1. A person is always indifferent between a dollar and a 50% chance of three dollars. U(x+1)=.5[U(x)+u(x+3)], for all x. This person has the utility function U(x)=c-k^x where k=[sqrt(5)-1]/2. This is a negative exponential function.

    2.A person is always indifferent between the status quo and a 50% chance of three times the status quo. U(x)=.5U(3x), for all x. This person has the utility function U(x)=x^k where k=log2/log3. This is a power function.

    You describe a new type:

    3. A person is indifferent between x and a [55% chance of x+$10, 45% chance of x-$10]. U(x)=.55U(x+10)+.45U(x-10).

    This is also a negative exponential. You have replicated the Rabin (2000) and Rabin & Thaler (2001) result that this function implies an absurd level of risk aversion.

    There are two observations worth making.

    A. The power utility function is much better descriptively and normatively than the negative exponential utility function.

    B.Within the EU framework, reasonable small-scale risk aversion can imply an absurd level of large-scale risk aversion. It is very strange and counterintuitive that the invariance you describe leads to such a ridiculous prediction (indifferent between $40 and 50% chance of $1 billion) when one assumes risk aversion is solely due to the concavity of the utility function. To me, this is a STRONG argument against the normative status of EU. Sensible small-scale risk aversion + EU = BIZARRE large-scale risk aversion.

    http://debfrisch.com/archives/000121.html

    http://debfrisch.com/archives/000057.html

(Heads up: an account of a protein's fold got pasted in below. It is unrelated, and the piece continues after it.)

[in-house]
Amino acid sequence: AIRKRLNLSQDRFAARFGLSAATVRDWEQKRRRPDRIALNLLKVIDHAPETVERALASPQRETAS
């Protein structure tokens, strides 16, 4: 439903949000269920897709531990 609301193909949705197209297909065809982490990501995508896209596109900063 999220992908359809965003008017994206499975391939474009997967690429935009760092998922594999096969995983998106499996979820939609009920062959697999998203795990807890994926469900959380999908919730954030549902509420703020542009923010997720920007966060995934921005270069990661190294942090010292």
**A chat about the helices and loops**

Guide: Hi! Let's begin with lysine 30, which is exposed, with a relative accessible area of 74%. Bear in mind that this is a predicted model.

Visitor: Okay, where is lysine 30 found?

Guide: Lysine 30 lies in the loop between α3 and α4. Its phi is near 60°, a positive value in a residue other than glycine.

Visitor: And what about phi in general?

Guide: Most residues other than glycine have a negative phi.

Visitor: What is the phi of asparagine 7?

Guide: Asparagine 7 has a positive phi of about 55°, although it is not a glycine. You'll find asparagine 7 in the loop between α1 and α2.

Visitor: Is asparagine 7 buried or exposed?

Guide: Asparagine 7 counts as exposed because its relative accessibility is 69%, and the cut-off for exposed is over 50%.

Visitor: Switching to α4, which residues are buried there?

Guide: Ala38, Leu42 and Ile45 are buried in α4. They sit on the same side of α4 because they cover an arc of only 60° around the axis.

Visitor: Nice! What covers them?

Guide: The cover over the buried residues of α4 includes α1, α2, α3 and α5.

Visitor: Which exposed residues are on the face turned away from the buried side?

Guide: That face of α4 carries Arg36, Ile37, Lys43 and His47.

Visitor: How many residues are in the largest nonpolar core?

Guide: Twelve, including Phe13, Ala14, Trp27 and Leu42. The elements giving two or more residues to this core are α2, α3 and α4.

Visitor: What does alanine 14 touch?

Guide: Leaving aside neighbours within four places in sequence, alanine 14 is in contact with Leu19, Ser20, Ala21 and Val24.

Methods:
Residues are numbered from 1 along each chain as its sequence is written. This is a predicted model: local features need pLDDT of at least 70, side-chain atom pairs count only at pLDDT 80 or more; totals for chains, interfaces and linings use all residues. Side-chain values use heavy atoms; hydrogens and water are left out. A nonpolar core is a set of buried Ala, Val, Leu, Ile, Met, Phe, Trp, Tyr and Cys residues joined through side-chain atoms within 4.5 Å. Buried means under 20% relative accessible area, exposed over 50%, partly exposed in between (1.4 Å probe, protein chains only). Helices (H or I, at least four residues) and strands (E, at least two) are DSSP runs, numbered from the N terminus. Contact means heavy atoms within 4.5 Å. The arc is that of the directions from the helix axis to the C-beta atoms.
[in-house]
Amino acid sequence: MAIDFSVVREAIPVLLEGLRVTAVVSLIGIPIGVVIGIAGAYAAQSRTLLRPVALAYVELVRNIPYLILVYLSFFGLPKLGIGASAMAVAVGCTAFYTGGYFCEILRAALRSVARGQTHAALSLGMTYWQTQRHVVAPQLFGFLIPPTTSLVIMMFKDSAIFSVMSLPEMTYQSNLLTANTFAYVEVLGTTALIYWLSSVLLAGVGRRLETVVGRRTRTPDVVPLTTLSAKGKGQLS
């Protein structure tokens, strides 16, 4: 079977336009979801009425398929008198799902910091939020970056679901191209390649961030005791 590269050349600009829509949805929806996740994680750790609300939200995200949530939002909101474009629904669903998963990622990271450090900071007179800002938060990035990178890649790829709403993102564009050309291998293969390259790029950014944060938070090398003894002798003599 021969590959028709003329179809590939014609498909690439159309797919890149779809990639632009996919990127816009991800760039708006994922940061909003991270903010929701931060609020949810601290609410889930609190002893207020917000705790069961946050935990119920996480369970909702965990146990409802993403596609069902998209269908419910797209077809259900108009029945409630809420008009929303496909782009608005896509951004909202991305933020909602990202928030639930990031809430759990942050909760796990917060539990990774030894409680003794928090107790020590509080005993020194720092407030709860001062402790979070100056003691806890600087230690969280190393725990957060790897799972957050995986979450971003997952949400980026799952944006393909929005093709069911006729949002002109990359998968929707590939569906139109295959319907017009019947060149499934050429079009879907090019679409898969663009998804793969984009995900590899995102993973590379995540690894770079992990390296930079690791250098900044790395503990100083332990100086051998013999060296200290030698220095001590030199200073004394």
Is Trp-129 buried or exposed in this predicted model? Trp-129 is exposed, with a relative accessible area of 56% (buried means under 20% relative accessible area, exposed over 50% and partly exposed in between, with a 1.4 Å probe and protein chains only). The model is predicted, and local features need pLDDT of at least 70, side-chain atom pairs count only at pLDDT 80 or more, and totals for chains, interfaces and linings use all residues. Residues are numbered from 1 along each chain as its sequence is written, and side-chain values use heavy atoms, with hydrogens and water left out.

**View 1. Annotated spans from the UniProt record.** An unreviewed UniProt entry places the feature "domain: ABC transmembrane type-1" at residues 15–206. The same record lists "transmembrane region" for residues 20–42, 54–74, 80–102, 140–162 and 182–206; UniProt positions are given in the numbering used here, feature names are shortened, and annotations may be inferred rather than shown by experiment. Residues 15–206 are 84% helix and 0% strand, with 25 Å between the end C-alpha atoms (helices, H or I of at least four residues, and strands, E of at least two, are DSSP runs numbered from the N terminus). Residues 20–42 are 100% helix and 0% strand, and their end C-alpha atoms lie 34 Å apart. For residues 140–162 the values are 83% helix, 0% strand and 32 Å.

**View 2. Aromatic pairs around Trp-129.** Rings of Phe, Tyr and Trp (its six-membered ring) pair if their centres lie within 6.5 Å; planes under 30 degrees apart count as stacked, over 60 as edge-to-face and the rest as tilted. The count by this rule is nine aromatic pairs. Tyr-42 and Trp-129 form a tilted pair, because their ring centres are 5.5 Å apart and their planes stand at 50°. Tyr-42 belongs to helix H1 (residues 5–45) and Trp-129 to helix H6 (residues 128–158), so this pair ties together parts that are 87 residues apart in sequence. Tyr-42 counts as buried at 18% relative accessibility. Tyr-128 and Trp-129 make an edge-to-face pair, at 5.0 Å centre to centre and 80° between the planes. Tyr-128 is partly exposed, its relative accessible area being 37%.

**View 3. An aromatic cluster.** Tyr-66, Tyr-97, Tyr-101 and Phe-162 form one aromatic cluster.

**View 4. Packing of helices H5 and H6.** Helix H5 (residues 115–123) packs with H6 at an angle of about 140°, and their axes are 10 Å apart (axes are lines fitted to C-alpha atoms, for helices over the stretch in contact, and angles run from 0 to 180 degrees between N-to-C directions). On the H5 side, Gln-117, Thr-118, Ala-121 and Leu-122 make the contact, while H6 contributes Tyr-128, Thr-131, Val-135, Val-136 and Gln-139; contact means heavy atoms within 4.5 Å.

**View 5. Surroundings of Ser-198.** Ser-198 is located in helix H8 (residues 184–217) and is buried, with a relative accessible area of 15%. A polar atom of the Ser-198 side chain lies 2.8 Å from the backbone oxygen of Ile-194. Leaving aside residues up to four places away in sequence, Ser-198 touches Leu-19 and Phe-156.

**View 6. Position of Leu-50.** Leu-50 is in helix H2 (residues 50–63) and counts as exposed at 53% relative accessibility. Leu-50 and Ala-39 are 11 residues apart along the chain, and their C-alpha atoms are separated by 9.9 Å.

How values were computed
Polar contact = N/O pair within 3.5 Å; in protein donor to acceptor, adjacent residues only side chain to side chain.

http://debfrisch.com/archives/000083.html

    http://debfrisch.com/archives/000130.html

  3. Andrew says:

    Deb,

    Well, since my paper came out in 1998 (it was based on a demo I did in 1993 or so in my decision analysis class) and Matthew's was in 2000, I think it would be fairer to say that he replicated my results! I like the demo because it emphasizes to students the absurdity of using a nonlinear utility function to explain uncertainty aversion. (I avoid the term "risk aversion" because it has too many meanings–sometimes it simply means aversion to risk, other times aversion to uncertainty, other times it refers to a concave utility function.)

    I'm aware of Matthew's paper–when I noticed it a few years ago in one of those compilation books, it made me happy to see my little argument written more formally. And I was happy to see the economists recognizing that nonlinear utility functions don't explain loss aversion. I sent him and Thaler copies of my paper on teaching demos for decision analysis but didn't hear back from them.

    Regarding your criticism of EU, I see what you're saying. If someone is indifferent between x and a [55% chance of x+$10, 45% chance of x-$10], I don't think this fact can be used to learn anything useful about the utility function. The decision problem is just too polluted by the psychological phenomenon of uncertainty aversion. I just don't think that EU is a useful way of describing people's actions in these situations. Although it is a helpful benchmark (so that, for example, one can show that someone is being inconsistent with EU).

    But in the framework of institutional decision analysis, I think that expected monetary value is indeed normative for small dollar amounts.

    P.S. Matthew Rabin and I know each other from high school. Actually, we were in the same economics class. We called him Yitzhak back then.